I joined a #debtfreecommunity challenge recently by sharing our November budget on Instagram.

Our budget is unusual, so it’s not surprising that this post received several comments (some more blunt than others) and created quite a bit of confusion about our budget.

I decided to turn this into a blog post to provide some clarification on exactly WHY our budget is so weird.

 

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Our November Budget

Here is our November budget breakdown by the numbers!

150 – rent
107 – student loans
130 – car insurance (50 for Jen, 80 for Ben)
260 – gas
56 – cell phones (2)
11 – Netflix
25 – Adobe
100 – 1 and 1
600 – groceries
700 – Ben’s spending
50 – Ben’s birthday
40 – Jen’s spending (I forgot to include this on the Instagram post)
100 – miscellaneous
6,000 – debt snowball

FAQ 

Here are some of the most commonly asked questions about our budget!  If your question isn’t answered here, feel free to leave a comment. :)

Q: What does DINK mean?

Dual income, no kids.

Q: Why is your rent payment so low?

It’s abnormally low because we live with my parents.  They are willing to charge us so little for rent because they know that the less money we put toward rent, the more money we can add to our debt snowball.

We are so grateful to them for this. It is because of their generosity that we will be able to pay off $127,000 of debt in just four years. We currently have only $5,700 of debt remaining and we plan to have this paid off soon.

Q: Why is your student loan payment so low?

We have paid off the majority of our student loans.  We started with $117,000 of student loan debt. At that time, our payment was $1,400 per month.

Now that we only have less than $6,000 left, our payment is much lower.

Q: How do you spend $600 per month on groceries? What do you eat?

I’ve never actually totaled the exact amount we spend per month on groceries. $600 is a guess based on an estimate of $150/week.

We are working on trying to lower this amount, but it’s an ongoing struggle for us – groceries have always been our biggest budget buster.

I eat a mostly whole food diet, neither of us cook, we both buy a lot of pre-made items, and we’re both snackers. I’m actually thinking about tracking every penny we spend on groceries for a month and turning that into its own blog post, so stay tuned for that!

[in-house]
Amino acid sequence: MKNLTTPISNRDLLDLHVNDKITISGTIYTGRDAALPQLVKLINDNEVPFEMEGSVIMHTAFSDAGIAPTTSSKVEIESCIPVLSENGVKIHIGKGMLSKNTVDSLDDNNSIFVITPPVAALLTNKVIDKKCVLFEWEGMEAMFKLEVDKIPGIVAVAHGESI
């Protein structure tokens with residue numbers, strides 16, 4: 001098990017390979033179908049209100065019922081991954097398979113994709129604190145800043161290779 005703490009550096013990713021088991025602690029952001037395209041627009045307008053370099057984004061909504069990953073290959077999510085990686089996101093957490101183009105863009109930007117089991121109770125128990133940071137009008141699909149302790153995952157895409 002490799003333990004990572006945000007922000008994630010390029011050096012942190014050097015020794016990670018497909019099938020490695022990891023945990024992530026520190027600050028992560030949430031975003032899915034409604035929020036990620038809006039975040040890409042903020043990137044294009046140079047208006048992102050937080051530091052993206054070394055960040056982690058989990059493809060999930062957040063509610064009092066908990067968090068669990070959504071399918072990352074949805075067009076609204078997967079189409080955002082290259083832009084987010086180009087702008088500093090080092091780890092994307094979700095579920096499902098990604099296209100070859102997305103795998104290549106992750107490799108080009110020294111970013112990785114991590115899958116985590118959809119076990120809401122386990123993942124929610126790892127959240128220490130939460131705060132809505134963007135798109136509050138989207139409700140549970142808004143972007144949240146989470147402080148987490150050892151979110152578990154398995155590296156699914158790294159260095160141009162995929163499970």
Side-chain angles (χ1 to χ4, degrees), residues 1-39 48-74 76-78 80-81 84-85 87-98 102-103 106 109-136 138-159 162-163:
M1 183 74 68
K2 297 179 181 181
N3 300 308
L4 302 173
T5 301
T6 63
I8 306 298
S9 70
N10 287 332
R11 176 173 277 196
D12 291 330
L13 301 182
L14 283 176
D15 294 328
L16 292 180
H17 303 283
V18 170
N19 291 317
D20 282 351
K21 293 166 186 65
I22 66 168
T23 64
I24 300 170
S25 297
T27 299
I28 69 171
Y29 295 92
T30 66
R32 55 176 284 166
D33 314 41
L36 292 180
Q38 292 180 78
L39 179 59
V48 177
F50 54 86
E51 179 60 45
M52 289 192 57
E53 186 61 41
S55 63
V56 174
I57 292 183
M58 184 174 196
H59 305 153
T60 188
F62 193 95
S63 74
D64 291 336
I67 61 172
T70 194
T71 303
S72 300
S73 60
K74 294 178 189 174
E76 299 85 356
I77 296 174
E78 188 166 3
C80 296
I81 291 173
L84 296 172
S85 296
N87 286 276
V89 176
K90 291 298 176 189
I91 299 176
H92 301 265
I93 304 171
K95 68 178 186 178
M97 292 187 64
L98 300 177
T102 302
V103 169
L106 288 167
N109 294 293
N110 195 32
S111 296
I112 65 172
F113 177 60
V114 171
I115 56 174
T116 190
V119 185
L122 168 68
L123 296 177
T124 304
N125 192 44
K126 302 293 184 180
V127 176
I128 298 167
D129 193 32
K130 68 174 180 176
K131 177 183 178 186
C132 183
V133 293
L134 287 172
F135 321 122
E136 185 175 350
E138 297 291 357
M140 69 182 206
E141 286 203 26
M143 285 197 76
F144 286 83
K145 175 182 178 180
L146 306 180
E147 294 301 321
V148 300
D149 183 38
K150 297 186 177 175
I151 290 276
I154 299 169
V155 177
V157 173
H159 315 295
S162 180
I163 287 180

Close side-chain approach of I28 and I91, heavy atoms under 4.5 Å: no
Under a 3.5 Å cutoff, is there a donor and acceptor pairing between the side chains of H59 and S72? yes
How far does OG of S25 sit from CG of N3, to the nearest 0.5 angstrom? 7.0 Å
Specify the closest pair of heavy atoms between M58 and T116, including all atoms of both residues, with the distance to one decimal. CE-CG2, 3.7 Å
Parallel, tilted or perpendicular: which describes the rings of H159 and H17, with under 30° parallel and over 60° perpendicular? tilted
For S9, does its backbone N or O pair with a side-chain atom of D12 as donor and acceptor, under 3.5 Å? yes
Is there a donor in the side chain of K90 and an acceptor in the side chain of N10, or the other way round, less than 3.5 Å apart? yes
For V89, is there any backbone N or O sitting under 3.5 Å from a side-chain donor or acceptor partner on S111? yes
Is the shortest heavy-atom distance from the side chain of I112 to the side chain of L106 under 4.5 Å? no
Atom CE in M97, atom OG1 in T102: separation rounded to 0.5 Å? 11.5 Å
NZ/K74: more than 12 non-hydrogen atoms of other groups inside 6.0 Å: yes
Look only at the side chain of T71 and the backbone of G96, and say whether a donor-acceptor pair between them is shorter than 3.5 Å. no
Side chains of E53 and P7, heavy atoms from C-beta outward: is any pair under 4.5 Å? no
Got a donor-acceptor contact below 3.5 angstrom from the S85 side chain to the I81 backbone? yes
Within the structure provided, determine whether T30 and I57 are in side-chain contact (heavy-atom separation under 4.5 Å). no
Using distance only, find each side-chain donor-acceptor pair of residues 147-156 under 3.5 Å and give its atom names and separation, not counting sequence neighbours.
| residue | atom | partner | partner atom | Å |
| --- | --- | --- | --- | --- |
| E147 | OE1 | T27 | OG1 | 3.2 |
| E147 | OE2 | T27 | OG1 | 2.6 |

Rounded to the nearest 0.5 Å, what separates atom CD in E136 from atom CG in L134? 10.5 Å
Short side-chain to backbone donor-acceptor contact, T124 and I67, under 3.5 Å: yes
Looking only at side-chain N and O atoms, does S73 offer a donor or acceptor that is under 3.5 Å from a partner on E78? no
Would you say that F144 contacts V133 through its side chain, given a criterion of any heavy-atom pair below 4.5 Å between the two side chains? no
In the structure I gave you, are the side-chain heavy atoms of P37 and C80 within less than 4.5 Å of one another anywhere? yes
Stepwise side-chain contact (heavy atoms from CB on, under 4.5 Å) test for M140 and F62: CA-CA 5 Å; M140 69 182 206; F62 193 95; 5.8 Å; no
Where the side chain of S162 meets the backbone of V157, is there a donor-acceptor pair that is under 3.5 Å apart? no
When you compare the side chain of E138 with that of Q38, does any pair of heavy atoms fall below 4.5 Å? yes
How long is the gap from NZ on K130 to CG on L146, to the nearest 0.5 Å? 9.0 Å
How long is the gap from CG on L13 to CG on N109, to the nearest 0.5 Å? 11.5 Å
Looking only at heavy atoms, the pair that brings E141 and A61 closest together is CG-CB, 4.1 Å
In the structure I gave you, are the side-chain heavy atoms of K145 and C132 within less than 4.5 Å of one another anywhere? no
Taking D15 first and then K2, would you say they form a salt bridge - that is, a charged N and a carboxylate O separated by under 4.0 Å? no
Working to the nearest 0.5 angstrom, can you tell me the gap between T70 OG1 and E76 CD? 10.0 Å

Hopefully, that will help to give us a better idea of exactly where our money is going so we can control our grocery spending better.

Q: Why does your husband get $700/month for spending money?

Good question!  ;)

This is another topic that could be a separate blog post of its own. For years, we struggled with getting out of debt because of my husband’s spending.

At one time, we managed money separately.  My husband used his income to make extra payments on his loans, and I used my income to make extra payments on mine. This didn’t work well.

There were times when I would actually put more money toward debt than he did even though my income is much lower than his. I often considered taking over managing our money, but I didn’t want to. I really don’t like the idea of one spouse controlling the other.

It just didn’t sit well with me and I didn’t want to do it, but eventually we realized we had to make a big change or we would never get out of debt.

Now, my husband’s paychecks our deposited into my account and I transfer $900 to his account each month ($200 for gas and $700 for spending).

We chose $700 after calculating how much we expected he would spend on his daily trips to Starbucks, frequent lunches at work, beer, medical expenses (medications, co-pays, etc), toiletries, and other miscellaneous items.

$700 is much more than I would like to give him, but we chose this amount because we knew it would work. I could try to pretend that he won’t spend money on Starbucks or beer and give him less than $700, but if I did that, he’d run out of money every month… and then we’d keep having the same disagreement every month.

Doing the same thing over and over and expecting different results is the definition of insanity, right? Even with the $700 he spends each month, we’re still able to put a huge chunk of money toward debt and that’s what matters.

You are welcome to disagree with how we are doing things. This might not work for you at all.  We’re doing what works for us.

You do you!

Why is your income high for November?

It’s a three paycheck month. This includes only income from our day jobs and does not include any side income since that varies wildly from month to month.

Any side income I earn from this blog will be added to the debt snowball.

Why is health insurance not included on your budget?

Certain items (medical, dental, vision, LTD insurance, and retirement contributions) are not included on the budget because they are automatically withheld from our checks.

What cell phone plan do you have?

We are on my in-laws’ family plan with Verizon. I think the cost is reasonable considering we have unlimited data, texting, and calls.

Our Weird Budget

Hopefully, this post helps to clarify why our budget seems a little strange.  Once we pay off our remaining student loan in full in December, the majority of our income will start going to savings.

We plan to purchase our first home this spring, and at that point, our budget will probably start to look a lot more “normal”.  We’ll share the new budget then.  Stay tuned!

Is your budget odd? What are your biggest budget busters?

 

Are you tired of feeling broke?

Our budget bundle can help you get on track!

 

Are you tired of feeling broke?

Having trouble sticking to a budget? Wondering where your money is going? For less than the cost of one cup of coffee, you can get all of the tools you need to start successfully managing your money!

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